Since the first of our hominid ancestors learned to pick up a rock and make it into a tool, we humans have been using our engineering skills to change the world. For most of the 2 million or so years since that first technological leap, natural materials like stone and wood were the focus of our engineering projects, and except for a few tantalizing remnants, most of what was built has returned to the Earth whence it came.
Then we discovered other materials; we learned to free metals from rocks and how to harvest the fossilized hydrocarbon remains of ancient plants. Iron, aluminum, plastic, and silicon became our stock in trade, and the planet is now layered so thick with these materials and the byproducts of harvesting them that a new geological epoch, the Anthropocene Epoch, has been proposed to cover this time of human activity and its impact on the geological record.
But if we humans are clever enough to make such an impact, we should be clever enough to think our way out of the mess, and wise enough to see the need. That’s where the efforts of Dr. Pearce’s research at the Michigan Tech Open Sustainability Technology (MOST) lab are focused. Dr. Pearce envisions a sustainable future powered by pervasive solar photovoltaic systems and using open-source technologies like 3D printing to drive new models for manufacturing. We’ve recently seen interesting work from his lab, like this grinder that makes custom compression screws for plastic recycling. The MOST page on Hackaday.io is filled with other great examples of the technology that supports their mission, from low-cost environmental testing instruments to 3D-printable microfluidics.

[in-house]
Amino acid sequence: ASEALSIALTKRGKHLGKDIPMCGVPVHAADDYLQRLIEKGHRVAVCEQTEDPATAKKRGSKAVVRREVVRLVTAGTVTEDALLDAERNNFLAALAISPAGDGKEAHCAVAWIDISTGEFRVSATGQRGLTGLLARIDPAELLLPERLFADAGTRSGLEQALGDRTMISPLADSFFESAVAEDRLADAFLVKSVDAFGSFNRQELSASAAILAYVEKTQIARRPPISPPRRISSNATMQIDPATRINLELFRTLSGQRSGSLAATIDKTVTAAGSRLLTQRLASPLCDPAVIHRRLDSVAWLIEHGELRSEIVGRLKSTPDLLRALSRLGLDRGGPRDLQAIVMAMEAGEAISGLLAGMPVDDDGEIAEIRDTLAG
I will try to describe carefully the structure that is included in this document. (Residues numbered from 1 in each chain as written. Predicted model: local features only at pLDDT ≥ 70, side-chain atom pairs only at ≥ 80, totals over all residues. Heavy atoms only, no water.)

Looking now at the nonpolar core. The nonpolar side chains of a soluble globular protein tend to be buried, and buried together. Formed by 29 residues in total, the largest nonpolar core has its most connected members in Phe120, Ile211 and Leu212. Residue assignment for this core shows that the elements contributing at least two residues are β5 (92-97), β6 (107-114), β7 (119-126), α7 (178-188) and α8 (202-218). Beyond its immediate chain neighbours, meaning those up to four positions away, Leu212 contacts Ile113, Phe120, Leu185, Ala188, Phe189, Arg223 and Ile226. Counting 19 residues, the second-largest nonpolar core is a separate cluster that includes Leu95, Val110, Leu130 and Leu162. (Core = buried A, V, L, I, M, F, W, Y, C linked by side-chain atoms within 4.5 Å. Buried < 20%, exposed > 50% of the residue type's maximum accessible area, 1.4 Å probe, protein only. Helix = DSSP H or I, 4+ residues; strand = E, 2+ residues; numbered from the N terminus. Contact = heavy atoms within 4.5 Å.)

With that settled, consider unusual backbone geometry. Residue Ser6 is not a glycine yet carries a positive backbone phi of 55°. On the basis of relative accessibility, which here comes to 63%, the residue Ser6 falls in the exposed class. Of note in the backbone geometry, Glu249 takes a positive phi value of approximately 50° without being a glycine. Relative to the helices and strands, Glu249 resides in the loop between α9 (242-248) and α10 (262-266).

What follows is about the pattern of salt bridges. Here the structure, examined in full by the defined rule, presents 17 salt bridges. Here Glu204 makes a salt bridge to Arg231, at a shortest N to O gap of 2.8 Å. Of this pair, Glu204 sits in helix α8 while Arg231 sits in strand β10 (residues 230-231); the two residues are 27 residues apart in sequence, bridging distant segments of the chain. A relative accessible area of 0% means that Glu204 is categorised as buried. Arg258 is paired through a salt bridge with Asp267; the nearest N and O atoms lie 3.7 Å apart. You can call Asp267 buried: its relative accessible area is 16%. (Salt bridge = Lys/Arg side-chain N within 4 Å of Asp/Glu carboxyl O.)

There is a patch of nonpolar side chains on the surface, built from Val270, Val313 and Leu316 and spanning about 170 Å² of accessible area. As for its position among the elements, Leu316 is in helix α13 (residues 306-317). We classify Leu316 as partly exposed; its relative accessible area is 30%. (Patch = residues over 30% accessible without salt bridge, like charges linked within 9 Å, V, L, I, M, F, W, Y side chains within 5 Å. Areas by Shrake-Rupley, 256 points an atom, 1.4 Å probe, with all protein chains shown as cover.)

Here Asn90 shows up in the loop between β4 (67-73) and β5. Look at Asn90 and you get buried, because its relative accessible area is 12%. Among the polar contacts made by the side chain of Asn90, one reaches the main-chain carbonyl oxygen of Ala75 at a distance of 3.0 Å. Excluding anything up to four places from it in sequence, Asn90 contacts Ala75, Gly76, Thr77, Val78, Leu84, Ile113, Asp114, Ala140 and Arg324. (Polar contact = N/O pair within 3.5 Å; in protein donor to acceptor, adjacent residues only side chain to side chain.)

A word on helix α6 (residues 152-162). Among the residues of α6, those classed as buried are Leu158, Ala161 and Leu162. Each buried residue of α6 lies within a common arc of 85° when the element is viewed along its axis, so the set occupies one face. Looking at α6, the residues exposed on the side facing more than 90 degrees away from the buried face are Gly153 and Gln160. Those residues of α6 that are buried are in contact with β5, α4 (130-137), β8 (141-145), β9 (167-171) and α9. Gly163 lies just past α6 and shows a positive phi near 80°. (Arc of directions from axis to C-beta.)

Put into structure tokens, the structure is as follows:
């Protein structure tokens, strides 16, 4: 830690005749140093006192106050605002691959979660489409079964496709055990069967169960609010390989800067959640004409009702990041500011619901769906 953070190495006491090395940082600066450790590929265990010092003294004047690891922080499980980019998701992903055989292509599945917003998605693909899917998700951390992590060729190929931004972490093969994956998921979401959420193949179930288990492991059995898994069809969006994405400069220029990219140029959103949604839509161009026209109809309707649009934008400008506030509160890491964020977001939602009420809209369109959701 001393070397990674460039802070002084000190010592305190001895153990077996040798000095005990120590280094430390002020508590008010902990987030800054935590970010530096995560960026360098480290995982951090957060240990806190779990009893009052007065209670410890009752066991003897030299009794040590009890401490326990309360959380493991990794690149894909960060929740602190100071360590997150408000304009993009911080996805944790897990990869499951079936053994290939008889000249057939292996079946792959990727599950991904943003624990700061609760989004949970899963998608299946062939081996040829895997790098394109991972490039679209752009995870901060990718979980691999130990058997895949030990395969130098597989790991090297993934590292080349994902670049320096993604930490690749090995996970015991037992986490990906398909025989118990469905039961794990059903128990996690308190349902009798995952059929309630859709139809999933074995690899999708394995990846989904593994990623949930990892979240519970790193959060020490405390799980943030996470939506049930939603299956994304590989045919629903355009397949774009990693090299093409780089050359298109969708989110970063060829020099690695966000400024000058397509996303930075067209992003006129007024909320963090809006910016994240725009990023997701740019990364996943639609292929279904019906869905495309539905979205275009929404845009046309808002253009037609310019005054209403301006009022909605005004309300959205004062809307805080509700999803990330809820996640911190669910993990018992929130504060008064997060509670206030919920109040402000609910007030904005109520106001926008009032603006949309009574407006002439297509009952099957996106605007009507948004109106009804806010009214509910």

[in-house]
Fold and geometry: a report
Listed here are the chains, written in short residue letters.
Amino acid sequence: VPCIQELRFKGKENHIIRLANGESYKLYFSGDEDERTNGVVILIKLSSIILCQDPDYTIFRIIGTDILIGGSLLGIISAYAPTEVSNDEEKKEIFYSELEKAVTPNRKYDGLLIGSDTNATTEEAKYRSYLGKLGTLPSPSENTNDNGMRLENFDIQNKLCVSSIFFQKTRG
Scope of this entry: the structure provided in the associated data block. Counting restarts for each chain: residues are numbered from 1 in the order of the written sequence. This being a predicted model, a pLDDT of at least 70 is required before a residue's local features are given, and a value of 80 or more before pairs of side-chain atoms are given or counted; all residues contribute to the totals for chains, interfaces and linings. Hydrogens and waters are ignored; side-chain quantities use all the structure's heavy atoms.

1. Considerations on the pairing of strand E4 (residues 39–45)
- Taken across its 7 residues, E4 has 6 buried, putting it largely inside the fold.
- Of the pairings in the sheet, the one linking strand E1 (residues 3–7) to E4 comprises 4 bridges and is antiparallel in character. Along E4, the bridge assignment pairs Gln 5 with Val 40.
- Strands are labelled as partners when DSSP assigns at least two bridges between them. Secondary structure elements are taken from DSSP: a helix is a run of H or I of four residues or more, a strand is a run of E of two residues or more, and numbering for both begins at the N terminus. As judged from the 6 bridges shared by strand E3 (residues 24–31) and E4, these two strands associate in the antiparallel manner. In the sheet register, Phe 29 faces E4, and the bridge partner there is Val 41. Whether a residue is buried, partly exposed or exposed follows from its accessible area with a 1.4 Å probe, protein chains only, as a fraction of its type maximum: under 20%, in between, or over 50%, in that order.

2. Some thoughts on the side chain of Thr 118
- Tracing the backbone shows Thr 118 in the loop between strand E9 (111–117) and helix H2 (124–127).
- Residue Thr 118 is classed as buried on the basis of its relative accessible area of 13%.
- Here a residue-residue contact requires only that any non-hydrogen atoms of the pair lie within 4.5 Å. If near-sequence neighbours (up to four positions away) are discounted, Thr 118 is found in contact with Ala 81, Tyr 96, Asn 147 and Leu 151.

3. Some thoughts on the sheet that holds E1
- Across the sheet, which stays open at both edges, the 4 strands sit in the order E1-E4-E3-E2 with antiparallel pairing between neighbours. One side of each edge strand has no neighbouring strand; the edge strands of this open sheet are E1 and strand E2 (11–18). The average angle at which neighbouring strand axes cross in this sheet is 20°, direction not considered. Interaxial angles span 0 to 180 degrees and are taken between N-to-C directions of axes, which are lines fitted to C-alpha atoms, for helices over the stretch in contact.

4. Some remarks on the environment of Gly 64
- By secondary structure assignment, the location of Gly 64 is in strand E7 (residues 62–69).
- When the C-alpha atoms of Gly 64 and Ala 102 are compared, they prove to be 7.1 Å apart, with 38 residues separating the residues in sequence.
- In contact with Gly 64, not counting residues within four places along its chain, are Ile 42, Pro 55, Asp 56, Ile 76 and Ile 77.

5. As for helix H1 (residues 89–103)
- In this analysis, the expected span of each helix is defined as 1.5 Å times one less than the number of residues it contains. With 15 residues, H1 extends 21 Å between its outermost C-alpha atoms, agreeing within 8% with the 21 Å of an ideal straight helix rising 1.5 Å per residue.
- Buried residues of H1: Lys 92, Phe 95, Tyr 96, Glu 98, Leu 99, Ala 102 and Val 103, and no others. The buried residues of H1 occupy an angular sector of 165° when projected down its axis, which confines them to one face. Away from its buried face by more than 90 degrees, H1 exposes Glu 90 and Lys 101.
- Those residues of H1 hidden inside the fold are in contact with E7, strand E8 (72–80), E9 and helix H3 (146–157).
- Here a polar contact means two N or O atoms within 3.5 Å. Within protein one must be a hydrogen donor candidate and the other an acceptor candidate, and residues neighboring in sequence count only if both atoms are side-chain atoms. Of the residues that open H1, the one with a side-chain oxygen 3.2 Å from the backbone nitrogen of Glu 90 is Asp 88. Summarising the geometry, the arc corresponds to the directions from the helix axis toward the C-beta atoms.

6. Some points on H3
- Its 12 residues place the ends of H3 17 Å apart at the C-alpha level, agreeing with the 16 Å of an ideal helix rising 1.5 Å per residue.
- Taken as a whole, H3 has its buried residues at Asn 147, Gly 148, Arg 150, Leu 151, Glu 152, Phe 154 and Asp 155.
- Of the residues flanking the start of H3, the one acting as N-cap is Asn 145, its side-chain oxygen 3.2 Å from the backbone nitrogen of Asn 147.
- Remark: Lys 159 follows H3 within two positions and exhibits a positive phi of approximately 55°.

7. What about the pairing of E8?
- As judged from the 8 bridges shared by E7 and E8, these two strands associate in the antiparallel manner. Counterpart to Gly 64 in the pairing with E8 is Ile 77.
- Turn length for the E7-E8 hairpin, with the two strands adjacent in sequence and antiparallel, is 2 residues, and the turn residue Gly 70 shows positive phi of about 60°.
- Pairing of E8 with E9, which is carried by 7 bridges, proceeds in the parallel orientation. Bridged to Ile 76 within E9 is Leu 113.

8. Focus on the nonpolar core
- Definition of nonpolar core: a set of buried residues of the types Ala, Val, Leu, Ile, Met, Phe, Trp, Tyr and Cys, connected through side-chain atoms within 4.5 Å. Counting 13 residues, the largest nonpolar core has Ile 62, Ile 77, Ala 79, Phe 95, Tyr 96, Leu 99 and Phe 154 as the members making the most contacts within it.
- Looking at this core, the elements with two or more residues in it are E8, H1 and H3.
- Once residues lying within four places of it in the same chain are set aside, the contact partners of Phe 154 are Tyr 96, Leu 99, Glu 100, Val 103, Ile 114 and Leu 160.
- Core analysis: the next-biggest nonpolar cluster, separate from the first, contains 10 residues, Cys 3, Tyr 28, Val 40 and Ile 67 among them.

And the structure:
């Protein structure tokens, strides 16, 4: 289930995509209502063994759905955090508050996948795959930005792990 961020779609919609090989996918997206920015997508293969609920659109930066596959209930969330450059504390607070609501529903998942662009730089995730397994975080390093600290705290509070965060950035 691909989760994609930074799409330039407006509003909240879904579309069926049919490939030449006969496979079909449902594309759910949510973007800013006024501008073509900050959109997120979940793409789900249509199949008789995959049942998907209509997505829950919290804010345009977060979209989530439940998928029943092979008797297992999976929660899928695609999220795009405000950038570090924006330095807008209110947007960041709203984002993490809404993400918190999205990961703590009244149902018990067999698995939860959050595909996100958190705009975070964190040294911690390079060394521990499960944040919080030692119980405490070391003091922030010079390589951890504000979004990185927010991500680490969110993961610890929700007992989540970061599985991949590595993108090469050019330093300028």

Dr. Pearce will join us on the Hack Chat to talk about open and sustainable engineering. Be sure to stop by with your questions and to find out what you can do to engineer a brighter future, starting right in your own shop.
Our Hack Chats are live community events in the Hackaday.io Hack Chat group messaging. This week we’ll be sitting down on Wednesday, August 19 at 12:00 PM Pacific time. If time zones baffle you as much as us, we have a handy time zone converter.
Click that speech bubble to the right, and you’ll be taken directly to the Hack Chat group on Hackaday.io. You don’t have to wait until Wednesday; join whenever you want and you can see what the community is talking about.